The Shure SM7B and the Electro-Voice RE20 are two of the most popular microphones used for radio, podcasting, and voiceover.
This post will help you determine which of these microphones is right for you.
In this post, you’ll hear audio samples to compare basic sound quality, polar pattern testing, proximity testing, and plosive (p-pop) testing. You’ll also be introduced to some other things to consider when deciding between the Shure SM7B and the Electro-voice RE20, such as mounting, gain requirements, and visual aesthetic.
|Where to Buy
|Provides natural vocal recordings
Easily adjustable built-in yoke mount
Sleek visual aesthetic
|No additional mounting options
Requires more gain than most microphones
|Slightly enhanced vocal clarity and intelligibility
Option for suspension shock mount
|Front-heavy with included microphone clip
Requires more gain than most microphones
The Shure SM7B is a dynamic microphone that has been a staple in the recording industry for many years. It has become extremely popular in the world of video podcasting.
It costs about $400, making it the less expensive option in this comparison.
The Electro-Voice RE20 is a dynamic microphone that has been an industry standard in the recording industry for many years, but particularly in the broadcast and radio industry.
It costs about $450, making it slightly more expensive than the SM7B.
Testing & Technical Specifications
Both the Shure SM7B and the EV RE20 are excellent microphones for recording voice.
Let’s take a quick look at the technical specifications of each microphone.
Frequency response describes how effectively a device passes signals from input to output.
Watch this video to quickly learn how to interpret the frequency response graphs for each microphone.
The Shure SM7B has a frequency response with a dip in the low-mid range and a slight boost around 5 kHz. This microphone sounds great on spoken word, vocals, and a variety of instruments. It also features a built-in high pass filter switch and presence boost switch, each indicated by the dotted lines on this frequency response graph.
The EV RE20 has a frequency response with dips at 2 kHz and 4 kHz and a slight boost around 8 kHz. The RE20 also provides excellent sound for recording voice. Though the RE20 is primarily used for spoken word, it is also widely used for vocals and other instruments. It features a switch to engage a high pass filter, which is indicated by the dotted line on the following frequency response graph.
Both the Shure SM7B and the Electro-Voice RE20 have cardioid polar patterns. This means that the microphones pick up sound best from the front and reject sound from the rear.
Both the Shure SM7B and the Electro-Voice RE20 provide a relatively uniform tone within the normal range of the microphone.
This will ensure that the podcast or radio guests will not sound distant when shifting positions throughout the recording.
Plosive Test (P-Pops)
When recording voice, it is important to consider the potential for p-pops created by plosive sounds, such as “B”, “P”, and “T”.
Plosives are nearly impossible to remove after the fact without time-consuming, skillful editing. The best way to prevent p-pops from plosives is to use a pop filter. You can read this article by Audio University to learn more about pop filters.
Each microphone also has a windscreen which can help with wind noise and plosives. Read this article by Audio University to learn about windscreens.
The Shure SM7B and Electro-Voice RE20 include built-in windscreens to prevent this type of noise. The SM7B has an external windscreen that seems to be a more effective defense against plosives compared to the internal windscreen built into the RE20.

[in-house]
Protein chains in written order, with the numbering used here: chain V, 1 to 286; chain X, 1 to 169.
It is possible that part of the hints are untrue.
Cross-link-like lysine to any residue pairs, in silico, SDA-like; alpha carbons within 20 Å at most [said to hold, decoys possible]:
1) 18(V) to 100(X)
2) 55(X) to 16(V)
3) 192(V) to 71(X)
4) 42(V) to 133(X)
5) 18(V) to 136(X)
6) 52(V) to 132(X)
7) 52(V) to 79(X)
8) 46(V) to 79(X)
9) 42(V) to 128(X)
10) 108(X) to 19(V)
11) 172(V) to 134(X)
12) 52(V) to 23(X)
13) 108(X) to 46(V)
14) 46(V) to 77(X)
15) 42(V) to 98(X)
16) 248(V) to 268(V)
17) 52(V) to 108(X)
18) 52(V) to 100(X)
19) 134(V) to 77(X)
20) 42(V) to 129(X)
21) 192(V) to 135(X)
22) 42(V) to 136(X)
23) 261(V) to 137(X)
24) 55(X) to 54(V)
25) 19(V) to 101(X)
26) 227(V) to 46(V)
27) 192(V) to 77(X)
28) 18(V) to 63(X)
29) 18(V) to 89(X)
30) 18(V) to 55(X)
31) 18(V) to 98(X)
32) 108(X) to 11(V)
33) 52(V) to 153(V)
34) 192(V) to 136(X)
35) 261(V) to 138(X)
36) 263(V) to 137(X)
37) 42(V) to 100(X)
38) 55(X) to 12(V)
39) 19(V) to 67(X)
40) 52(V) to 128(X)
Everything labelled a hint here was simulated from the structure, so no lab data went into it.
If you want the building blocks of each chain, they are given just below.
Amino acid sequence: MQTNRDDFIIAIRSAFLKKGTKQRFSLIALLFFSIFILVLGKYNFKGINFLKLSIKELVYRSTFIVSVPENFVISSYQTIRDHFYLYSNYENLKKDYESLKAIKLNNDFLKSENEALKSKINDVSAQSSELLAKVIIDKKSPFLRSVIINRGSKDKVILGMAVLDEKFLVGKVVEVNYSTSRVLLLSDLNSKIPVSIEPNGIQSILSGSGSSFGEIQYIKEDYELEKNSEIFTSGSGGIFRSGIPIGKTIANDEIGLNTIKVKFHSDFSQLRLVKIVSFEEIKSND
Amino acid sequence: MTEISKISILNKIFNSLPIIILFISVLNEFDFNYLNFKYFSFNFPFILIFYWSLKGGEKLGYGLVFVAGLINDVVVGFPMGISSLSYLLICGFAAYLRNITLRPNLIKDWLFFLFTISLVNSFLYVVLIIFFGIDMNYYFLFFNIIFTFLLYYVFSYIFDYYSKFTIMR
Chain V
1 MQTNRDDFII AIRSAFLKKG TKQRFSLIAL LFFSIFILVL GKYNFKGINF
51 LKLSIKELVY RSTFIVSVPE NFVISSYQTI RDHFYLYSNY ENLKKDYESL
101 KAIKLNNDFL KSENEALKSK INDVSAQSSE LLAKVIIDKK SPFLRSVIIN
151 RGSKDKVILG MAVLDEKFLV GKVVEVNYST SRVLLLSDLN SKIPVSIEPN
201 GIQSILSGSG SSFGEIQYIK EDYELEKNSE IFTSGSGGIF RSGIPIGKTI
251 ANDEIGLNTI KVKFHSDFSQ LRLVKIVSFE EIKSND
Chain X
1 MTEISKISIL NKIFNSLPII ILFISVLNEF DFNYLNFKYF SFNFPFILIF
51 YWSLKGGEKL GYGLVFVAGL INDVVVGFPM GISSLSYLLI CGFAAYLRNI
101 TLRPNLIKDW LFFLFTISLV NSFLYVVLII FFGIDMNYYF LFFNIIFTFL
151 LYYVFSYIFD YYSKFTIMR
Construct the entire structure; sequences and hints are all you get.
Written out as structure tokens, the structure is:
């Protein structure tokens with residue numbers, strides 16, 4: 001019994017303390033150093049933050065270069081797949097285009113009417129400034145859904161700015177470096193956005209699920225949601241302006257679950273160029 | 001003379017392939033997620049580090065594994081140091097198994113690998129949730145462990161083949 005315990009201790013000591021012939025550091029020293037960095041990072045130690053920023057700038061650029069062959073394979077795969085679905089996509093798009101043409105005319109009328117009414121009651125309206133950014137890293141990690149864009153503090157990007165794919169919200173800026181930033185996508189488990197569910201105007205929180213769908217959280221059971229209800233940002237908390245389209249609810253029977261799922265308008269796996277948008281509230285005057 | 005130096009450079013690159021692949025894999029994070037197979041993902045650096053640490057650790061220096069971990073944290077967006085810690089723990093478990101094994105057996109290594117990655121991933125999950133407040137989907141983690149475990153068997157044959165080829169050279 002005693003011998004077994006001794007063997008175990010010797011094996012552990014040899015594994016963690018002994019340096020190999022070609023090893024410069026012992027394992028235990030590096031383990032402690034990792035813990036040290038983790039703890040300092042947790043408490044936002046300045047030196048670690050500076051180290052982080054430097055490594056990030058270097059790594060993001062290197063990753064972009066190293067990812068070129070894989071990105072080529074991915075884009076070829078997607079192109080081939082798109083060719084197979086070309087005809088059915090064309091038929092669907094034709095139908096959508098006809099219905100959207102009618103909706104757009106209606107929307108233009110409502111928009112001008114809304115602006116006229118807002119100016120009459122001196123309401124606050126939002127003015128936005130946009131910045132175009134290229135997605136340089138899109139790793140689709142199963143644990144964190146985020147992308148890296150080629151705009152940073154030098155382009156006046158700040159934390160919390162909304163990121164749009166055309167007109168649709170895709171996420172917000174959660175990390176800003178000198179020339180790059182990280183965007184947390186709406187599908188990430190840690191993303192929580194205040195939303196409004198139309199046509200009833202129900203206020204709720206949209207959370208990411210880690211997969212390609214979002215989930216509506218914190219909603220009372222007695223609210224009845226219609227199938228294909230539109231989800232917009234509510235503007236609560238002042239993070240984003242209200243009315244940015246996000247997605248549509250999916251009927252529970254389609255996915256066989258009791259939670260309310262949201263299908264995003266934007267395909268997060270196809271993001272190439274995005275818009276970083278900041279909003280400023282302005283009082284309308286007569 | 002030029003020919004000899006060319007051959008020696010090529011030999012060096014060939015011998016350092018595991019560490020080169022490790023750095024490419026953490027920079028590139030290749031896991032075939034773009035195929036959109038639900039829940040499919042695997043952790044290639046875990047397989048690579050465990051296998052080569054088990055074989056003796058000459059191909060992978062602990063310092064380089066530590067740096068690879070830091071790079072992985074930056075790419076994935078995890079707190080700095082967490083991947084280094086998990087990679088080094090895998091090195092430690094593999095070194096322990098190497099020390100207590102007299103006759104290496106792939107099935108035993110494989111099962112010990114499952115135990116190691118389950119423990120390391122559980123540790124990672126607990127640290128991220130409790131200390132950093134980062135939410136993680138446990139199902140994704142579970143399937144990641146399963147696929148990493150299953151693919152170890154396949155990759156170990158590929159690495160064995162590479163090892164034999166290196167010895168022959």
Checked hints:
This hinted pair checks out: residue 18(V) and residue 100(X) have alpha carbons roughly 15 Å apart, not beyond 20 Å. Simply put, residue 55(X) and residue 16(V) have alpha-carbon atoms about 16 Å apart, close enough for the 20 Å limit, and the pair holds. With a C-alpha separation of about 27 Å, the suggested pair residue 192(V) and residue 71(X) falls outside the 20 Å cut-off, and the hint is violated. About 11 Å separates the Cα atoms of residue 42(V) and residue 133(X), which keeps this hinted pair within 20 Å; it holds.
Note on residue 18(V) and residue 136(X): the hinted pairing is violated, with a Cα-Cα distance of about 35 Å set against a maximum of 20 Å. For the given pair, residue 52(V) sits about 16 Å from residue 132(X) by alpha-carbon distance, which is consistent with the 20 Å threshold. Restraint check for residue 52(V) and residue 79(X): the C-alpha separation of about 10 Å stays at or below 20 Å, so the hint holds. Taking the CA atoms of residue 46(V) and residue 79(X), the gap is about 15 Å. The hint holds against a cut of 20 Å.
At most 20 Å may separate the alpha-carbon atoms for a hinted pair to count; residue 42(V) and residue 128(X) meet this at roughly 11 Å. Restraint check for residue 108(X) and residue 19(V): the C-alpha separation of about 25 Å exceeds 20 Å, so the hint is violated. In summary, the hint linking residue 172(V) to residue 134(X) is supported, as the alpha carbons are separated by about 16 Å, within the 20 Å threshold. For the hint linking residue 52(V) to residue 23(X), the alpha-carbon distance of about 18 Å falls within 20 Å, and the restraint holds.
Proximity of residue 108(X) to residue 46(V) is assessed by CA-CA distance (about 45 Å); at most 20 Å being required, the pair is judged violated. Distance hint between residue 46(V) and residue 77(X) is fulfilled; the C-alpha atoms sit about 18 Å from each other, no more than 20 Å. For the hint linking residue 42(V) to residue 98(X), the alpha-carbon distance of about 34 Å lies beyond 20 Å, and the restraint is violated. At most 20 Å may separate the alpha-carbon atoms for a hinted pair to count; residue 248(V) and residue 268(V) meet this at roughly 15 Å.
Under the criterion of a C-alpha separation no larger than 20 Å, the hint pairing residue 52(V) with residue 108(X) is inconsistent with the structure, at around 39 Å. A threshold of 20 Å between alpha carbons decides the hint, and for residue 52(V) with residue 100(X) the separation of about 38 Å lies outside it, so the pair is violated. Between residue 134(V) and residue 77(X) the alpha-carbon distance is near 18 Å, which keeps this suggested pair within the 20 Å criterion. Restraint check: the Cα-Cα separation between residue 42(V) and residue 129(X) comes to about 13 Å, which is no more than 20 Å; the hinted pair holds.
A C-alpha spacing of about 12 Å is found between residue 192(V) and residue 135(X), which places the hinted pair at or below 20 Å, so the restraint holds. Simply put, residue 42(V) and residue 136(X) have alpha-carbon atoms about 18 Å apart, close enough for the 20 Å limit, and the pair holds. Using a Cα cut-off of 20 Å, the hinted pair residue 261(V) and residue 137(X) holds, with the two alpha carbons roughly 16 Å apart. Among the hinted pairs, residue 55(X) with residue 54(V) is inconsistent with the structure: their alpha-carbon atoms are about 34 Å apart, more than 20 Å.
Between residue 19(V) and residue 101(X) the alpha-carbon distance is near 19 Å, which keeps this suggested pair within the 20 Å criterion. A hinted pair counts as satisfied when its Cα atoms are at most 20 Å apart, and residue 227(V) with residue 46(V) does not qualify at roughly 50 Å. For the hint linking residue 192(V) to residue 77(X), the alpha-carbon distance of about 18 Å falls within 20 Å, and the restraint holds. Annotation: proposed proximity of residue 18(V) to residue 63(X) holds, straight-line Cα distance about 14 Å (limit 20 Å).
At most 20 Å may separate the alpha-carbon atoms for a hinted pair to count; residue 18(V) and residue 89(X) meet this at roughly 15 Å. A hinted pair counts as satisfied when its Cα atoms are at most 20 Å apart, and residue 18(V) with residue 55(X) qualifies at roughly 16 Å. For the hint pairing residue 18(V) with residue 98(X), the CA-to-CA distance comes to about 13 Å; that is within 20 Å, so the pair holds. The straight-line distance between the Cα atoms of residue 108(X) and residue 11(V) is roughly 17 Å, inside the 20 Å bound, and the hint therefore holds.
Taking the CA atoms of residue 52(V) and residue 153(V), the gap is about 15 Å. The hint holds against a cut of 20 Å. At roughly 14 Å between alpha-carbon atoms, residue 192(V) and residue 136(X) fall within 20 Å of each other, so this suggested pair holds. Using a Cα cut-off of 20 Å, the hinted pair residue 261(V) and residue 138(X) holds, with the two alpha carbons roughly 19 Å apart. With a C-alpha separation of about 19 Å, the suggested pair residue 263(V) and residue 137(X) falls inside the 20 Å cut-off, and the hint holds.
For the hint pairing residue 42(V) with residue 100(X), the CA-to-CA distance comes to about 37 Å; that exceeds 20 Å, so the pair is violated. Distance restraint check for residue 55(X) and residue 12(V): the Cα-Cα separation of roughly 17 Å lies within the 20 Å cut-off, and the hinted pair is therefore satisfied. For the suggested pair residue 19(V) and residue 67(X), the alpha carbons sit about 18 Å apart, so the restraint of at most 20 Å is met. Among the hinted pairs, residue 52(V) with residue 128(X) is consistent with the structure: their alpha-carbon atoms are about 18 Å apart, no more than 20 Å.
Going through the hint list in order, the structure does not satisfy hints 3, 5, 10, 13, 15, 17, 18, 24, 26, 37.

Both the Shure SM7B and the Electro-Voice RE20 have excellent build quality and sound great for recording voice.
Let’s take a look at some important considerations to keep in mind when choosing between the two.
Both of these microphones require a lot of gain, so you will need a preamp capable of supplying that gain.
In these tests, I used a Focusrite Scarlett 2i2 audio interface. This is a very common interface, because it is one of the best options in the $200 price range.
For my voice, the preamps in this interface were sufficient. However, if you’re recording a voice any quieter than mine, you might need a more powerful interface or an inline signal booster, such as the Cloudlifter or the Royer DBooster. These devices will provide more gain without the need to replace your microphone preamp.
While it doesn’t matter for audio-only work, many doing video podcasting might prefer the sleeker visual aesthetic of the Shure SM7B over the bulkier design of the Electro-Voice RE20.
This is one reason the SM7B has become so popular in the age of video podcasting and streaming.
Finally, it is important to provide podcast guests with an easily adjustable mounting option so that they can quickly adjust microphone positioning to accommodate their needs.
The only option when using the Shure SM7B is the built-in yoke mount, and it allows users to easily adjust the microphone position.
The Electro-Voice RE20 comes with a microphone clip mount. This tends to make the microphone front heavy. Additionally, the clip tends to get loose unless you occasionally tighten it with a screwdriver.
There is a suspension shock mount for the RE20 for about $100. If you go with the RE20, I recommend spending the extra money for the shock mount.
Top Choice: Shure SM7B vs Electro-Voice RE20
Both of these microphones are excellent choices for podcasting, radio, and voiceover applications. You really cannot go wrong with either of them.
If you add up the cost of the RE20 and the shock mount, the combined price becomes $550! Not only does the shock mount cost an extra $100, but it is much larger than the simple yoke mount included with the SM7B.
With that said, my advice is to save the extra money and go with the Shure SM7B.